Monday, August 27, 2012

Summer Vacation Lessons Learned

In a fit of over-caffeinated ambition, My Love and I scheduled more family trips into eight weeks this summer than the Brady Bunch did in five years on television.

It didn't take a crazy old prospector to lock us in an abandoned jail for us to soon realize the pitfalls of all this family togetherness; however, I suspect the engine fire in our minivan may have something to do with an ancient tiki. It also may have had something to do with my speeding through a Lake Michigan sized puddle lined with dead leaves and pine needles in an effort to get away from the constant howls of "How much longerrrrrr?"

Nevertheless, it was an adventure-filled two months.

We experienced Fourth of July among the dehydrated waves of grain in the Great Plains.

We visited the birthplace of the women's suffrage movement in upstate New York where we spent most of our time visiting a museum dedicated to the movie "It's a Wonderful Life."

Niagara falls maiden of the mist

We rode a boat under Niagara Falls, boogie-boarded in the North Carolina surf and learned the art of heckling the opposing pitcher in near-empty minor league baseball stadiums.

Here are a handful of lessons and observations from our summer vacations:

The annoying mosquito to parental drivers' ears is no longer the backseat bellow of "Are we there yet?" It's the middle row of the minivan whine of "When will we start getting 3G again?"

According to my 12-year-old daughter, when going on a weeklong trip to the scalding flatlands of Nebraska where we'll spend most of our time in towns smaller than her middle school with her grandparents, who are farmers, and my wife's best friends, who are undertakers, the most absolutely necessary item to bring is a flat iron for her hair.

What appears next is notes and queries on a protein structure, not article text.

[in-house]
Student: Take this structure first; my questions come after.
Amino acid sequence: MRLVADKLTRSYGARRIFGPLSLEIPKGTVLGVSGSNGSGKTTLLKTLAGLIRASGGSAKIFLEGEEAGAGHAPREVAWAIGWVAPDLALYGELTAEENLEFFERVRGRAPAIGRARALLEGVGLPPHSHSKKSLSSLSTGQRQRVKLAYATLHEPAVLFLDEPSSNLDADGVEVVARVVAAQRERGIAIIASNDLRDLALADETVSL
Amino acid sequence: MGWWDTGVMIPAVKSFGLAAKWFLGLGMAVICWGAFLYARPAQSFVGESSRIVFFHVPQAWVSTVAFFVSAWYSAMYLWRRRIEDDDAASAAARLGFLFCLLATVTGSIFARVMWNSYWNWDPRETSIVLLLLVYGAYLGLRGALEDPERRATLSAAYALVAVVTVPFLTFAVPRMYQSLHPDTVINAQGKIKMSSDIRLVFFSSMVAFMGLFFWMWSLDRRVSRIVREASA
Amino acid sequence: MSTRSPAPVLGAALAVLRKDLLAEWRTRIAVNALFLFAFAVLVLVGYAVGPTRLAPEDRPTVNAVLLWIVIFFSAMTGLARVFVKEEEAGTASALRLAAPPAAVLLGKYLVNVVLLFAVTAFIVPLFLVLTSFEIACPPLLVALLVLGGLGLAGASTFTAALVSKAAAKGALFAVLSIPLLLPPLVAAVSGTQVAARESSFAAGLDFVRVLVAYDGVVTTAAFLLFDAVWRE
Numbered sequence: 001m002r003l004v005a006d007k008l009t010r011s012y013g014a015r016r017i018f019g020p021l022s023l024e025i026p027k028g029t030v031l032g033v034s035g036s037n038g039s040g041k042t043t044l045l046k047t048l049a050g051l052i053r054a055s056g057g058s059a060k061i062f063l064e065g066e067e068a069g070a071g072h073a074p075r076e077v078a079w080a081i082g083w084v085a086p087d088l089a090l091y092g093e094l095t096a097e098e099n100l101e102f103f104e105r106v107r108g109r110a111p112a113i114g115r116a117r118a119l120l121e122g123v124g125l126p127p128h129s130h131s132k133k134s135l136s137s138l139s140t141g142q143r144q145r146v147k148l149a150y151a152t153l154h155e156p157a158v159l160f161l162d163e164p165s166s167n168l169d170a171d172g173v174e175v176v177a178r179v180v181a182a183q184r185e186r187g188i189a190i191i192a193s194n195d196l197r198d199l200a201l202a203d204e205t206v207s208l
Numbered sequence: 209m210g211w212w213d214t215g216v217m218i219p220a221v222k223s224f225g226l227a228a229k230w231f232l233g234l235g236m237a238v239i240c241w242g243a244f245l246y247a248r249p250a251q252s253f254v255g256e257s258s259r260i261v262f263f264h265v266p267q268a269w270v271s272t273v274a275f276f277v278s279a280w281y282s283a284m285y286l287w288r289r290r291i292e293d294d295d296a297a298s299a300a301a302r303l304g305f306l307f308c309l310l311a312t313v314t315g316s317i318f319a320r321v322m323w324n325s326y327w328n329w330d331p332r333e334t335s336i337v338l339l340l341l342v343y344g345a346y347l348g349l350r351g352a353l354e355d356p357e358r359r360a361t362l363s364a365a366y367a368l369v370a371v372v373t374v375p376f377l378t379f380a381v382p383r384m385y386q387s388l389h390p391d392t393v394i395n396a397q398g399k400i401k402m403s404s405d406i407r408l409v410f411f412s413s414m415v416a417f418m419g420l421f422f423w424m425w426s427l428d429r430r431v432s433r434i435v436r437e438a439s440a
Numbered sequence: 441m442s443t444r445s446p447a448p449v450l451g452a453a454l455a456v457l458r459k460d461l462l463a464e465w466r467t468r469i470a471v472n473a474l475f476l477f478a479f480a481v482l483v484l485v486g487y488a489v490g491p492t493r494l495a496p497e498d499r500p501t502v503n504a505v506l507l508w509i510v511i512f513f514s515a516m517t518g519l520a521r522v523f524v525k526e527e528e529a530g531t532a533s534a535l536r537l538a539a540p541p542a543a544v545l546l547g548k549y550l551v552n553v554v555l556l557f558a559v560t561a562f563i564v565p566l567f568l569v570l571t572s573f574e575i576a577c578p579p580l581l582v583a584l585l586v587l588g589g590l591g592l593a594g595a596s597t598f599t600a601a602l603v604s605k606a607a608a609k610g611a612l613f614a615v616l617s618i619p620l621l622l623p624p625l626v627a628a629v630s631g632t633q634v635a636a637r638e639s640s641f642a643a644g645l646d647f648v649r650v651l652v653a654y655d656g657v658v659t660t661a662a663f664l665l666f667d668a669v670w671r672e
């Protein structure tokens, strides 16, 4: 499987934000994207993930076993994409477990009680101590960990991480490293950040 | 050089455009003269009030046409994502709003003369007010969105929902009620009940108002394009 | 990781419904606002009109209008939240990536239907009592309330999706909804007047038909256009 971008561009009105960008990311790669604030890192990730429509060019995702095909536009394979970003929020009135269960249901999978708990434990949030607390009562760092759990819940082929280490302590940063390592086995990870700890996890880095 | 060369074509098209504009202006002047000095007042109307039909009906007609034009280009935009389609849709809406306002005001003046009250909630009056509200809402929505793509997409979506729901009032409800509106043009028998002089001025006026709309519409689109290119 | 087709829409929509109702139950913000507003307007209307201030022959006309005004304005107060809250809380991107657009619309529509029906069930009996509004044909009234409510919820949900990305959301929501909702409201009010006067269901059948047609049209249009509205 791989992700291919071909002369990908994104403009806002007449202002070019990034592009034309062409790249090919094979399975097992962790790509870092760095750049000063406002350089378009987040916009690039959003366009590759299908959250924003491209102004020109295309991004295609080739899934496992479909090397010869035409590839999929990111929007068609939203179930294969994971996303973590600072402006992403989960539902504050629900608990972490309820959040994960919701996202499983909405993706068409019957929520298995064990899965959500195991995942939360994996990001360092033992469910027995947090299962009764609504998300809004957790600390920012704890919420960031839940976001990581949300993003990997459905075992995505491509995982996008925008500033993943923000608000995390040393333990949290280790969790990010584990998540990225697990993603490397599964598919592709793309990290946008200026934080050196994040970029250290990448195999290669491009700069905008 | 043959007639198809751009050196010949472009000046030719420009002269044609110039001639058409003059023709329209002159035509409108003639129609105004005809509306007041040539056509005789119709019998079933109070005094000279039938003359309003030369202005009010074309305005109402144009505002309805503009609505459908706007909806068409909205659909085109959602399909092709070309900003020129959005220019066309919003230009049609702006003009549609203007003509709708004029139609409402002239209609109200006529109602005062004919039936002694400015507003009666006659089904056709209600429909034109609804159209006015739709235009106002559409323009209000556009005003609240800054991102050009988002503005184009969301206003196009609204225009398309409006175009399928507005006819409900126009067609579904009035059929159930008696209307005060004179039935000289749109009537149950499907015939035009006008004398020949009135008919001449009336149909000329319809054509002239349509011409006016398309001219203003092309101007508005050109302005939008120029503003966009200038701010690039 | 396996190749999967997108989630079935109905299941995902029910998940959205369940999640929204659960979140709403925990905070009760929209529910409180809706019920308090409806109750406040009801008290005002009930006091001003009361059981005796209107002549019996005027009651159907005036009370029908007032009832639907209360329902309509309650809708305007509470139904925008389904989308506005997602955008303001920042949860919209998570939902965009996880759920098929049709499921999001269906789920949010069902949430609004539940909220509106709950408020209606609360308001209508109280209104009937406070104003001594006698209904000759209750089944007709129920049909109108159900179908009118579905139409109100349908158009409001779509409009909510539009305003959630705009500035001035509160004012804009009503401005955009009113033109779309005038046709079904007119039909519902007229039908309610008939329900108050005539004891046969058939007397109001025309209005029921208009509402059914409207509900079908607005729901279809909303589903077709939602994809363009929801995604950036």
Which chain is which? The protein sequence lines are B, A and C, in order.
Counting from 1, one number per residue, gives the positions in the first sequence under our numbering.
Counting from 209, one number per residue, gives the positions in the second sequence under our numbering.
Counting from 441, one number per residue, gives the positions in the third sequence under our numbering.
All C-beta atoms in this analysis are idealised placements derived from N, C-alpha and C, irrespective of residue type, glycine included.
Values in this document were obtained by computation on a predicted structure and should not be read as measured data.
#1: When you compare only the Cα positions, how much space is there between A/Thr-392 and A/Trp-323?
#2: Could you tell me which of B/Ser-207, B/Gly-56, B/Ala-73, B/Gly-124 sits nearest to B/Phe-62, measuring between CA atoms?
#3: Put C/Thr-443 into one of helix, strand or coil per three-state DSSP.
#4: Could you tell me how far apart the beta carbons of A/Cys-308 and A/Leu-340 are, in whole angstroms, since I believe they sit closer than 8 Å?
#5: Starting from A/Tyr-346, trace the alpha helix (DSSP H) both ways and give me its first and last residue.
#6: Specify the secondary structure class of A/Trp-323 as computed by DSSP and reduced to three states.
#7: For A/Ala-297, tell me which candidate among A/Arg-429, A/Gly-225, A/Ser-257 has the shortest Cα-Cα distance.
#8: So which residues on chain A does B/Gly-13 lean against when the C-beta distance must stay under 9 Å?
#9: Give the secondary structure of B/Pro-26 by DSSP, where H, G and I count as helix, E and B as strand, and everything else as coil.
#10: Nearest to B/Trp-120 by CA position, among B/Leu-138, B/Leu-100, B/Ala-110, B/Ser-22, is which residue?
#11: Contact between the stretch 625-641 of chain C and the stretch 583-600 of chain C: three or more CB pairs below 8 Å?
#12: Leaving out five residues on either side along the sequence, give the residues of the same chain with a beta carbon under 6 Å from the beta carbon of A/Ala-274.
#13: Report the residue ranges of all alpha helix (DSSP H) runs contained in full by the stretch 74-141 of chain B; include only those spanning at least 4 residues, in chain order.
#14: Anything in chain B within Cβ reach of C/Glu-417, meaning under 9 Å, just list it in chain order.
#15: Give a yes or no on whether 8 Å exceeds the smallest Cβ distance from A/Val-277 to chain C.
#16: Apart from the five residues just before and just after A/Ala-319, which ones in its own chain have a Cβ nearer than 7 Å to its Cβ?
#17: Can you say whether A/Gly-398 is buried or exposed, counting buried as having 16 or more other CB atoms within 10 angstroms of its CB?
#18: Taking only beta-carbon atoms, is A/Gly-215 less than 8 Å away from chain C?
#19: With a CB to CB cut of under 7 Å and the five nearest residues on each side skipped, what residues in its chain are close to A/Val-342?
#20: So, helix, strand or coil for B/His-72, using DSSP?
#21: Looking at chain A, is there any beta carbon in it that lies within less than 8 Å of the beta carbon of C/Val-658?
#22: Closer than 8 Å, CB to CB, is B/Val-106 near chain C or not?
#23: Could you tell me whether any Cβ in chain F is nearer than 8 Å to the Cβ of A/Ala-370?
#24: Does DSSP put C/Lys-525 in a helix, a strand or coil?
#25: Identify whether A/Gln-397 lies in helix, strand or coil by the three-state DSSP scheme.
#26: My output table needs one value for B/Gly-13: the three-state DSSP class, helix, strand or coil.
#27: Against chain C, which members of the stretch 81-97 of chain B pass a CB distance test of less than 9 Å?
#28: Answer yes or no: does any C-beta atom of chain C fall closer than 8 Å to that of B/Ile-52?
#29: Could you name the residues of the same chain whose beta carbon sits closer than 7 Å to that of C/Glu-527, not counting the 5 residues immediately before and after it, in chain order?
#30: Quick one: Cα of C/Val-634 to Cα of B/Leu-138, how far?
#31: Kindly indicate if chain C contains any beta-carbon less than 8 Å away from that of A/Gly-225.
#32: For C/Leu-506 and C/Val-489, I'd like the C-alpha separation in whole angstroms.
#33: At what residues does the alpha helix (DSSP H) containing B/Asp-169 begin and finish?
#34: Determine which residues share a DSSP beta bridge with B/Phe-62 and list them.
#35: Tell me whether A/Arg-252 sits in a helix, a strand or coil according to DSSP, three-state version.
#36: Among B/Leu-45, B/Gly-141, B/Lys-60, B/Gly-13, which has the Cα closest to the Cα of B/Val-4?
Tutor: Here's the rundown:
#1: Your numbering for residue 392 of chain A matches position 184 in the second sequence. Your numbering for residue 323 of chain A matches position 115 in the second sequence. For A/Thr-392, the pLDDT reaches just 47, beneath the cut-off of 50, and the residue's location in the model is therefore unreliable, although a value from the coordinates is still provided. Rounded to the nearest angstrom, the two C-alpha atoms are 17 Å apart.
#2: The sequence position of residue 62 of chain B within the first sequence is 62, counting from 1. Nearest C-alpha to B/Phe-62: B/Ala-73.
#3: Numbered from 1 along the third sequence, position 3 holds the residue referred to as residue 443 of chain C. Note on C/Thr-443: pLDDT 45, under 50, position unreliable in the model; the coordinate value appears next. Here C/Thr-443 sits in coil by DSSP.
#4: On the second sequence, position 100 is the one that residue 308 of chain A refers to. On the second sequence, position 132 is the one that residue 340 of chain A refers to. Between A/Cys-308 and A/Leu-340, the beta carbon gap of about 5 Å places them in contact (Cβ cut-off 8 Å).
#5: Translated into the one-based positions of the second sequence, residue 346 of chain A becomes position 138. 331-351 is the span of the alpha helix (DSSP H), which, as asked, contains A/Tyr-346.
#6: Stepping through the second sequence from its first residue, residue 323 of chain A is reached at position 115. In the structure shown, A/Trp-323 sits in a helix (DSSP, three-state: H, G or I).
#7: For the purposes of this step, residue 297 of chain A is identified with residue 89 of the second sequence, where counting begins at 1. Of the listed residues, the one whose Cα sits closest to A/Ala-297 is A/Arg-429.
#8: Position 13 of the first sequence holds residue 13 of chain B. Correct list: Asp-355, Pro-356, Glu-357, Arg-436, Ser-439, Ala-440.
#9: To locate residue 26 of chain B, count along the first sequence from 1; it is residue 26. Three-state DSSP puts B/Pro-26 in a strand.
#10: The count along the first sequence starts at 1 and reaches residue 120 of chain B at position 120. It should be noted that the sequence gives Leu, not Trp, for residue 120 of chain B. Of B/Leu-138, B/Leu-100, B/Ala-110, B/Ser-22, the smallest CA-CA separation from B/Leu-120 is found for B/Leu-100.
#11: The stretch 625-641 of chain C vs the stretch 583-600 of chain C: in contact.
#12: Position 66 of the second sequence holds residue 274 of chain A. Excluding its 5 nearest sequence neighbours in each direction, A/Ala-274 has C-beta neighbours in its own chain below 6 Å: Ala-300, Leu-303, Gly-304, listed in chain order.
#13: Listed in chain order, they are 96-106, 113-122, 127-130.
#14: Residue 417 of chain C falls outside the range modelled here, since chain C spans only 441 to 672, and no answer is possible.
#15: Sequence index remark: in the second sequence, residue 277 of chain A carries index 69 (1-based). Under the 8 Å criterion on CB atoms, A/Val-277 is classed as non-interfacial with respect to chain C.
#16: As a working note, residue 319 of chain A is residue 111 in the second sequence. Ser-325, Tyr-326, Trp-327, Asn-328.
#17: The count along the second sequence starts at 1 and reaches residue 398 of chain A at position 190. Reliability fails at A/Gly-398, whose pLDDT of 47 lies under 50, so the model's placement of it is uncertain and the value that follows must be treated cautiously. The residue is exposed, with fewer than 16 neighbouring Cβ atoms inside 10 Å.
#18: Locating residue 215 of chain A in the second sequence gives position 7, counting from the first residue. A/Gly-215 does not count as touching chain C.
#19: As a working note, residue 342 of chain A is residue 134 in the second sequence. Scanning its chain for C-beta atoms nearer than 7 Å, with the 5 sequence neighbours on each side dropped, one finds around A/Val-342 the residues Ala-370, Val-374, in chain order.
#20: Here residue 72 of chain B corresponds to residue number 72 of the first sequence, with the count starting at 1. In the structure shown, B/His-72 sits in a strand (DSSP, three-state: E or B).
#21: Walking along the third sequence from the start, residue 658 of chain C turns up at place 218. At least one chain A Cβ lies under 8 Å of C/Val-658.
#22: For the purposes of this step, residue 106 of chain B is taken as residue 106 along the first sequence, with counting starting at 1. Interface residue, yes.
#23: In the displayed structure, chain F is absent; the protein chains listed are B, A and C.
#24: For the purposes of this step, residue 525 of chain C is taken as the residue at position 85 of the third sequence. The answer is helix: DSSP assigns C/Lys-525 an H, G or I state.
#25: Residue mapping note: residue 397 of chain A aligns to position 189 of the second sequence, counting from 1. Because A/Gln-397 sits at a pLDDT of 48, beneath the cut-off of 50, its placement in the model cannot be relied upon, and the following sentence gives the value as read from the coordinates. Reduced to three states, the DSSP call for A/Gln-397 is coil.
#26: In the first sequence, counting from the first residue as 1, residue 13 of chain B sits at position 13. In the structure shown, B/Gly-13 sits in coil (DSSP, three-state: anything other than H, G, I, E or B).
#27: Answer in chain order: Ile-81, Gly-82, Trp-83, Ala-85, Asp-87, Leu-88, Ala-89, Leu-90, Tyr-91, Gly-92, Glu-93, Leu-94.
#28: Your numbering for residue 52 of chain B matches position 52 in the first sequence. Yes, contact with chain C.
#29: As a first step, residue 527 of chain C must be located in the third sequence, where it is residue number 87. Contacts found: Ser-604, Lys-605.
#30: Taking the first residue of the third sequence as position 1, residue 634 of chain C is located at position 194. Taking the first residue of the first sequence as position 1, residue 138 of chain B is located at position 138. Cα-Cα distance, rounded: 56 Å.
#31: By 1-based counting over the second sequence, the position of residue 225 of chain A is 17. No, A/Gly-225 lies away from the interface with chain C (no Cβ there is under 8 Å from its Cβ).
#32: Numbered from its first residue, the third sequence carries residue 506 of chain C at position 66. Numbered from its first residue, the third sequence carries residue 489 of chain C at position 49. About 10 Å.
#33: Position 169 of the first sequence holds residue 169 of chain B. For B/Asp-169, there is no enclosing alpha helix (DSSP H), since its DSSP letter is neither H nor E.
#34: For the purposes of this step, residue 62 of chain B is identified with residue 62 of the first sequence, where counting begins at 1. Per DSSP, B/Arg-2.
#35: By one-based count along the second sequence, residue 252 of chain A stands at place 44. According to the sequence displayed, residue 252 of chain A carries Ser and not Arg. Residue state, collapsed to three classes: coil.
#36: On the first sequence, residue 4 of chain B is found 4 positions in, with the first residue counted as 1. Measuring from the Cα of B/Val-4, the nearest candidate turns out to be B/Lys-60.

niagara falls canada ourist trap

If you think the United States has cornered the market on gaudy tourist traps, you've never visited the Canadian side of Niagara Falls. It's as if downtown Las Vegas and Times Square birthed a circus geek.

The first question children ask when you arrive at your lodging destination has evolved from "Does it have a pool?" to "Does it have free Wi-Fi?"

Provident Bank Park, the Westchester County home of the Rockland Boulders baseball team of independent Can-Am League, is one of the nicest minor league ballparks you'll ever visit. Unfortunately, the quality of pitching embarrasses Little Leaguers.

Sonic Drive-Ins offer 54 types of milkshakes. I kid you not – 54. However, whenever we stop at one, all my daughter wants is a cup of their ice pellets.

Environmentally conscientious coastal communities, such as those on the Outer Banks of North Carolina, have banned supermarkets from using plastic grocery bags. This is good news unless you bring your dog with you on vacation. And he's prone to traveler's diarrhea. Like ours.

The people of Nebraska love shooting off fireworks, just not fireworks sold in Nebraska. Those are "church fireworks," in the words of my wife's brother. Instead, you need ones from neighboring Missouri, which contain enough liftoff and explosive power to qualify as military grade anti-ballistic missiles.

There are many reasons why you can always get a table for four at the Hard Rock Café at the height of the dinner hour. Not one is good.

A modern family of four now packs more electronic communications devices for an extended weekend trip than it does pairs of clean underwear.

The best beach time on the East Coast is after 5 p.m. when the shadows grow longer and the adult beverages have sufficiently numbed the burning scrapes caused by sand inside your bathing suit liner.

19 comments: